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A Shaky Iraq's Sovereign Step

Author: Greg Bruno
July 1, 2009


Celebratory fireworks marked the withdrawal of U.S. troops from urban areas this week in Iraq, but mingling with the high spirits was unease in many quarters over the road ahead. As a number of analysts have noted, tensions between Sunni Arabs and Kurds in Iraq's oil-rich northern provinces remain high; power-sharing deals in Kirkuk languish; and violence in Mosul continues apace. In Baghdad, political tensions have hindered the passage of important legislation (NYT). Kenneth M. Pollack of the Brookings Institution points to security concerns as well as troubling political squabbles. "We're seeing all of Iraq's various political factions vying for power in a way that serves their short-term good, but not necessarily the long-term good of the country," he told's Bernard Gwertzman. Pollack calls for flexibility on the part of the Obama administration regarding the timetable that calls for U.S. troops to leave by the end of 2011. CFR President Richard N. Haass also believes the administration should "think about conditions, not calendars," in planning for troop redeployments from Iraq. He told MSNBC's Morning Joe the true test of Iraq's ability to stand on its own will come when U.S. troops are slated to cease combat (in August 2010), and leave Iraq (in 2011). "This was the easy milestone," says Haass.

U.S. concerns remain about Iran's influence on Shiite factions and the lethality of groups like al-Qaeda in Iraq, underscored by a series of deadly bombings that killed hundreds in the days before the U.S. withdrawal from Iraqi cities. Even the economic front is shaky--budgetary constraints and a mismanaged oil industry have damaged revenue streams, while a much anticipated auction for oil and gas development rights yielded just one deal (Reuters).

At the same time, some experts downplay the significance of the U.S. withdrawal that was completed on June 30. Marc Lynch of George Washington University says slowing down the U.S. withdrawal would not "materially improve" issues such as the Arab-Kurd dispute, governing capacity, or the major issue of resettling refugees and displaced persons. "The best thing the U.S. can do is to continue to demonstrate its clear, credible commitment to withdraw on the agreed-upon timeline, and do what it can to help Iraqis adjust to the new realities," he writes.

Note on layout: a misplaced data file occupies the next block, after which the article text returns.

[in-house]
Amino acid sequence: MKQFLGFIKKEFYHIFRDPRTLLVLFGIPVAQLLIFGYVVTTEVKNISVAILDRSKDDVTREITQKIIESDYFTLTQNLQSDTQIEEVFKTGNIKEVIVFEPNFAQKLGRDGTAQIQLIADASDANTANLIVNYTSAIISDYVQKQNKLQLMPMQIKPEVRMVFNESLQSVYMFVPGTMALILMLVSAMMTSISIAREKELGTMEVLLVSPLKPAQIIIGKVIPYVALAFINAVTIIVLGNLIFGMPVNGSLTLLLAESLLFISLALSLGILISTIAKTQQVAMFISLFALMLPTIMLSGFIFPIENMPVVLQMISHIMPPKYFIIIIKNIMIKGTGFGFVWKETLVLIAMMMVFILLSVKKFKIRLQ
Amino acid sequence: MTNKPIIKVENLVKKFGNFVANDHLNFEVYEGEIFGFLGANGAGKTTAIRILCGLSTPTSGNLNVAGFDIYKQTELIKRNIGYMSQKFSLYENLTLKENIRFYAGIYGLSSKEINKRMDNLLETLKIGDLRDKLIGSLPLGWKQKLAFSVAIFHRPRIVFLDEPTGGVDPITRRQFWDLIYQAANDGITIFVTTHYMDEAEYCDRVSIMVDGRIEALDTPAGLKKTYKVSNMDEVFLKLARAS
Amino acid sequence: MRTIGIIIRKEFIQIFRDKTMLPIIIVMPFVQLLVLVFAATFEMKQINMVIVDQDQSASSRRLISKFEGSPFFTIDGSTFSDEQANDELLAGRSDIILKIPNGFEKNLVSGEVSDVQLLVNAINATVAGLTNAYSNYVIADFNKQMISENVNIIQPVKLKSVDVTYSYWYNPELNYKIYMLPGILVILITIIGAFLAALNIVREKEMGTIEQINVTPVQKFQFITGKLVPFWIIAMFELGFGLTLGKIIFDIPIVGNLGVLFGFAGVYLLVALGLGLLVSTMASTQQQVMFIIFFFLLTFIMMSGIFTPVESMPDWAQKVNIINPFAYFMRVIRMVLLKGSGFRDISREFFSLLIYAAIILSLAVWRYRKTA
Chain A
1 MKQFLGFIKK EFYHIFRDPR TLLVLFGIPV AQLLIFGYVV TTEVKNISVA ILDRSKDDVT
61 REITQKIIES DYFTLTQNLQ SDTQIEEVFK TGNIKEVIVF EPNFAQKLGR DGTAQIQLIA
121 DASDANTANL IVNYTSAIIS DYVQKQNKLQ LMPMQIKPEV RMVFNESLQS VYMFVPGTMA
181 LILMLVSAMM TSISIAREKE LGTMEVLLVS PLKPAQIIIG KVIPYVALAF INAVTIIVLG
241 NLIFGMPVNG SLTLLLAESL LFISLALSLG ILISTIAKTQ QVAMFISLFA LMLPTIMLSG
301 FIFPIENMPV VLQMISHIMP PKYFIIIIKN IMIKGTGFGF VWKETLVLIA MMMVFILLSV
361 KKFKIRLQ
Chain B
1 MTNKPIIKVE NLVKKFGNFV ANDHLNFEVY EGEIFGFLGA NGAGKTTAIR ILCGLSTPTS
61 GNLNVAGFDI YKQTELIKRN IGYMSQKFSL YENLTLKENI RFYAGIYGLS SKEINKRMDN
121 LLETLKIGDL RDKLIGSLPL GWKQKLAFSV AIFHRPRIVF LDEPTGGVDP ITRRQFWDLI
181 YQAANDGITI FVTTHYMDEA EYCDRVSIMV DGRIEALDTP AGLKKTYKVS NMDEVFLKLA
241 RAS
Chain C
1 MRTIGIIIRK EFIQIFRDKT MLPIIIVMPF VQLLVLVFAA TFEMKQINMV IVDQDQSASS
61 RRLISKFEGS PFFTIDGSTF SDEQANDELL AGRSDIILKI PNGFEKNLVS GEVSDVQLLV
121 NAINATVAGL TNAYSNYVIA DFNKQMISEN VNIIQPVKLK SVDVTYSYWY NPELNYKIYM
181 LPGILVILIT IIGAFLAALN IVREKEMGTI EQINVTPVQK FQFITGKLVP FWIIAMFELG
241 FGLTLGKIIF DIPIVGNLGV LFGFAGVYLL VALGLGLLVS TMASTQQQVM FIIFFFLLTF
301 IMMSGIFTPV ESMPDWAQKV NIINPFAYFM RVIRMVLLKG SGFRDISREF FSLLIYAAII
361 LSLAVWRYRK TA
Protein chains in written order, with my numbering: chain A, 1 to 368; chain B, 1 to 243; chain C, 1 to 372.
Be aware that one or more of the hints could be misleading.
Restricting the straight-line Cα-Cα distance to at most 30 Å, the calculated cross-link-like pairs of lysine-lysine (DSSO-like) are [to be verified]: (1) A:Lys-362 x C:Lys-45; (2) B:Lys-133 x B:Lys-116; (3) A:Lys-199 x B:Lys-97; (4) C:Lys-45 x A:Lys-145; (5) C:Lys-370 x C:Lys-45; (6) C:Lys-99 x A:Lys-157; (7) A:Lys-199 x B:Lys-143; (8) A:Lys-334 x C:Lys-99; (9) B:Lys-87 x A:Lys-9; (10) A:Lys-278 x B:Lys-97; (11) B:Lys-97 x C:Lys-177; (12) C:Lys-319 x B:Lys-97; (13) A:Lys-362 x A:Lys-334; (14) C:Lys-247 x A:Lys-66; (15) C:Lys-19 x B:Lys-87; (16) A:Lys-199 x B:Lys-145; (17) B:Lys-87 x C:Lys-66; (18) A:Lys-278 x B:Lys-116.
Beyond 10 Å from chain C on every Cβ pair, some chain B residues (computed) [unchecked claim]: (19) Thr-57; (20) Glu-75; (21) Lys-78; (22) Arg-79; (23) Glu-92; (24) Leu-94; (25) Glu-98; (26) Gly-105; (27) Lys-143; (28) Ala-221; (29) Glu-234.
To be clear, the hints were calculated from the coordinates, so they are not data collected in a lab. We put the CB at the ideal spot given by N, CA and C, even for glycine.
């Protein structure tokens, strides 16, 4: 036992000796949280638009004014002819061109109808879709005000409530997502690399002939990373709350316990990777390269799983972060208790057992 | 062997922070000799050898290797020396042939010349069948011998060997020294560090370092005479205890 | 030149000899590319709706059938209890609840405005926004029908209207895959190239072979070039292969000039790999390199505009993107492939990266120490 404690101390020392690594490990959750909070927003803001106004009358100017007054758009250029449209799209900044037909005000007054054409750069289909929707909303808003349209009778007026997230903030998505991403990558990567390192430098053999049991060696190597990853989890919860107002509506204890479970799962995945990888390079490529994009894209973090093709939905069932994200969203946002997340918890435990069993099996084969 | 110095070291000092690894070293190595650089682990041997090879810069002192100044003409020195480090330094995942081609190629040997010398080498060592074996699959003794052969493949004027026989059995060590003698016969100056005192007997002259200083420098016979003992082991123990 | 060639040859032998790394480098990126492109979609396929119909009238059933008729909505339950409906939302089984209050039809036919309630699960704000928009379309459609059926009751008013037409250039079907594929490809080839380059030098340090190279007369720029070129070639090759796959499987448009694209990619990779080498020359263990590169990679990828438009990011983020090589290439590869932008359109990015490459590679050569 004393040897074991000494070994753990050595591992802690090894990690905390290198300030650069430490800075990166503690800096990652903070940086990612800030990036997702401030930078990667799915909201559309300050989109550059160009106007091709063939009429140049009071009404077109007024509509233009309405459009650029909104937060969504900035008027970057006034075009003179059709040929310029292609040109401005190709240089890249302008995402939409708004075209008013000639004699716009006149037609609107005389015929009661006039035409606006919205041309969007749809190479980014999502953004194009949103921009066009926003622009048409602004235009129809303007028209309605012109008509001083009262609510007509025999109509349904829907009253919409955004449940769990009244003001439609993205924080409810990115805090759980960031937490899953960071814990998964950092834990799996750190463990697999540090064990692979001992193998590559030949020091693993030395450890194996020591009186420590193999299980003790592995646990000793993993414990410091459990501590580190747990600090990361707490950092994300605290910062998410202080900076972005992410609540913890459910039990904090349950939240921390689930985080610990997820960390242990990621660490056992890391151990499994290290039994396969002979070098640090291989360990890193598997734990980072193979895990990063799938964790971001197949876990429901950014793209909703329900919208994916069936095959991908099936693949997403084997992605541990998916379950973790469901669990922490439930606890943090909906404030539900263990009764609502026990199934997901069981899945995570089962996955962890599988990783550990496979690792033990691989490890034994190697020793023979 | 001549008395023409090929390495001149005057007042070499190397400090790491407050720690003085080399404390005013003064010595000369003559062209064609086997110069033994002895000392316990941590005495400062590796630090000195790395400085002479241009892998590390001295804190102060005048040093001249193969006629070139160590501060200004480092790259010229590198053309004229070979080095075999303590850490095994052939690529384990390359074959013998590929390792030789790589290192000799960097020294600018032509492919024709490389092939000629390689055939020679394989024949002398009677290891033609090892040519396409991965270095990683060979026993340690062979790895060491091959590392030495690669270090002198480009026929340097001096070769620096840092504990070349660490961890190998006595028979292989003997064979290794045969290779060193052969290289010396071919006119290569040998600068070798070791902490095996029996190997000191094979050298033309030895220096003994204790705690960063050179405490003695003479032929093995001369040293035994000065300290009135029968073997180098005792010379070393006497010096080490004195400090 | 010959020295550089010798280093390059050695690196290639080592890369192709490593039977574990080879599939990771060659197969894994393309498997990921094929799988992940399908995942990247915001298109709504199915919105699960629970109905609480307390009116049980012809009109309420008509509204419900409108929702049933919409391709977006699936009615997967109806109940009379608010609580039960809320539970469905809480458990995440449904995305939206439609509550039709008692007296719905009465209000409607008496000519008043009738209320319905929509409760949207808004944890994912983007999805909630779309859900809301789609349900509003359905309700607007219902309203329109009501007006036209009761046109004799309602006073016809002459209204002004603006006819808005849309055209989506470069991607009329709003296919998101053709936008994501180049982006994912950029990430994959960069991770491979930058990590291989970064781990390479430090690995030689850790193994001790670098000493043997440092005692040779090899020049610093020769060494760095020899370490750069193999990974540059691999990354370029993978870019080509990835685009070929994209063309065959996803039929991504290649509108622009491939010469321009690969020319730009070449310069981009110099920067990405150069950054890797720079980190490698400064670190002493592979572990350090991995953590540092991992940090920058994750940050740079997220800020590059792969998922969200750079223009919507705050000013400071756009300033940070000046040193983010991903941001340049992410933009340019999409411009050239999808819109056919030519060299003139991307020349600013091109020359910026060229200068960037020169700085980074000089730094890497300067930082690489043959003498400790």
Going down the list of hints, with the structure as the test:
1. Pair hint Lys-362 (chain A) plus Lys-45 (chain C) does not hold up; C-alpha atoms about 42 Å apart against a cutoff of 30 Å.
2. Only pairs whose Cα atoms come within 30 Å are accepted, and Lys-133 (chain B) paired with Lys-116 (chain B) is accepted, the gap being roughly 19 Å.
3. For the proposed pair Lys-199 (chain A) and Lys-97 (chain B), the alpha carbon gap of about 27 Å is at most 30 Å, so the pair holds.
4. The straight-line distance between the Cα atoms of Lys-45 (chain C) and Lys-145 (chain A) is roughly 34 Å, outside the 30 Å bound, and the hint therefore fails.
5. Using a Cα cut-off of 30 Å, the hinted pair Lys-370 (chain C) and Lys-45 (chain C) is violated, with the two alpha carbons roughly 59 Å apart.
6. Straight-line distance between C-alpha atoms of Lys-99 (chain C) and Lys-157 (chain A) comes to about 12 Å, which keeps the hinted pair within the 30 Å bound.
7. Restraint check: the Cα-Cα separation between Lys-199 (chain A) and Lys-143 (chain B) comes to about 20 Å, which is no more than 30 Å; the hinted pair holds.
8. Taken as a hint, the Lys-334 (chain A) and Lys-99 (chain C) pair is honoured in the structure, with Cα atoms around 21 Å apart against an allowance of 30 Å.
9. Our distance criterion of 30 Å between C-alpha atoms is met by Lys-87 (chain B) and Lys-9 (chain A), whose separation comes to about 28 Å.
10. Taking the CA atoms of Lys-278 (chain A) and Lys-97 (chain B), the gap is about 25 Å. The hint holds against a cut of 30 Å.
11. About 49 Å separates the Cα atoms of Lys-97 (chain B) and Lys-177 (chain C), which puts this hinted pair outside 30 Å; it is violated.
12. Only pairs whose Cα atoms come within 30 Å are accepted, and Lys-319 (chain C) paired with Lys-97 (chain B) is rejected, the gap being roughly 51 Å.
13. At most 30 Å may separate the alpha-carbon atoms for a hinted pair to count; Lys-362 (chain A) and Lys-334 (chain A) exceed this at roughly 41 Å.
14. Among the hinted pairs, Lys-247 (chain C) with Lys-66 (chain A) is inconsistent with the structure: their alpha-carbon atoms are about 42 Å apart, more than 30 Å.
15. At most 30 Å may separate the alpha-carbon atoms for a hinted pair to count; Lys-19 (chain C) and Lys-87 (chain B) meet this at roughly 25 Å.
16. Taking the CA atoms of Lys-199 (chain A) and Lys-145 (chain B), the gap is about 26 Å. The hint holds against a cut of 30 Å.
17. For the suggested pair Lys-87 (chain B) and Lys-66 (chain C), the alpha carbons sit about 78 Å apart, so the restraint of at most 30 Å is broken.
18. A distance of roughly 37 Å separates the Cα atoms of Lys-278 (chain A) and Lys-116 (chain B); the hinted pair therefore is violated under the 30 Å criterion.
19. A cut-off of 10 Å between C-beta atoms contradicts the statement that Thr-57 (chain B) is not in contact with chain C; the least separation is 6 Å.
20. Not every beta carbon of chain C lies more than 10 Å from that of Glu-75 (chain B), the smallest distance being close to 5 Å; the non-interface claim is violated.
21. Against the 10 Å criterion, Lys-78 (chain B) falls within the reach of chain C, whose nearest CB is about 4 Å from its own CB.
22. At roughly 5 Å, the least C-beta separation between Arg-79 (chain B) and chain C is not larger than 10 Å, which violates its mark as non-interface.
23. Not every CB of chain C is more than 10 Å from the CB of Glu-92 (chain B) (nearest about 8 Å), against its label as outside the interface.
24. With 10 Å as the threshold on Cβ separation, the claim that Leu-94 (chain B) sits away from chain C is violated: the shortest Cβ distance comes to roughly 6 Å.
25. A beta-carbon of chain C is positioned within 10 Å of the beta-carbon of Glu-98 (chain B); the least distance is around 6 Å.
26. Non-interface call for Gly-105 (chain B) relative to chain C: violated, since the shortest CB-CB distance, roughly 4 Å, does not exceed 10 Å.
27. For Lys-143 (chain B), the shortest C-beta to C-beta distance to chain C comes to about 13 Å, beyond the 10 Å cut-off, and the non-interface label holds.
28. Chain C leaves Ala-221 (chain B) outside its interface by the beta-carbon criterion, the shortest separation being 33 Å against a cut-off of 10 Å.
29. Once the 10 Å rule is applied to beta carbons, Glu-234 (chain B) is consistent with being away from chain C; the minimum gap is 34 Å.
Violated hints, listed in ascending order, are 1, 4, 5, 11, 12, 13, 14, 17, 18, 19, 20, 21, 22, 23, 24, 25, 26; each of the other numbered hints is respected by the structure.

Sam Parker, an Iraq expert at the U.S. Institute for Peace, tells the main question going forward is whether Iraqis will continue to have a political voice, and whether leaders like Prime Minister Nouri al-Maliki--whom many suggest has gone too far in consolidating power--will adhere to the rule of law. "That's why elections are so important," Parker says. "Are they as free and fair and violence free ... as the provincial elections? But more importantly, does a new government come to power, and does the real transition of power occur?"

How the U.S. military might respond should flare-ups in violence occur remains unclear. Roughly 150 American bases have been dismantled or handed over to the Iraqis across the country, but in some cases, especially in Baghdad, city limits have been redrawn to allow American bases to remain (CSMonitor). Nor will the total number of U.S. troops in Iraq decline overall. Roughly 130,000 troops are scheduled to remain until at least September, encircling cities if not saturating them.

U.S. officials were notably muted in marking the troop drawdown. President Barack Obama made passing reference to it during a press conference in Washington for socially responsible investors. Perhaps concerned with such a response, some Iraqi politicians, including Interior Minister Jawad al-Bolani, are cautioning against declaring the mission over (WashPost).

Additional Analysis:

- Joost Hiltermann of the International Crisis Group says the true test for Iraq will come next year.

- Ned Parker on Prime Minister Nouri al-Maliki's consolidation of power.

- Atlantic correspondent Graeme Wood warns that the drawback "puts the 'build' portion of the counterinsurgency trinity at a great disadvantage."

- CFR's Stephen Biddle examines policy options for Washington to avoid a backsliding in Iraq.

- Anthony H. Cordesman offers observations from a June 2009 visit to Iraq. "We have not yet 'won' in Iraq and we continue to face serious risks," he writes.

- The Center for a New American Security explores policy options for a long-term, low-profile engagement between Washington and Baghdad.

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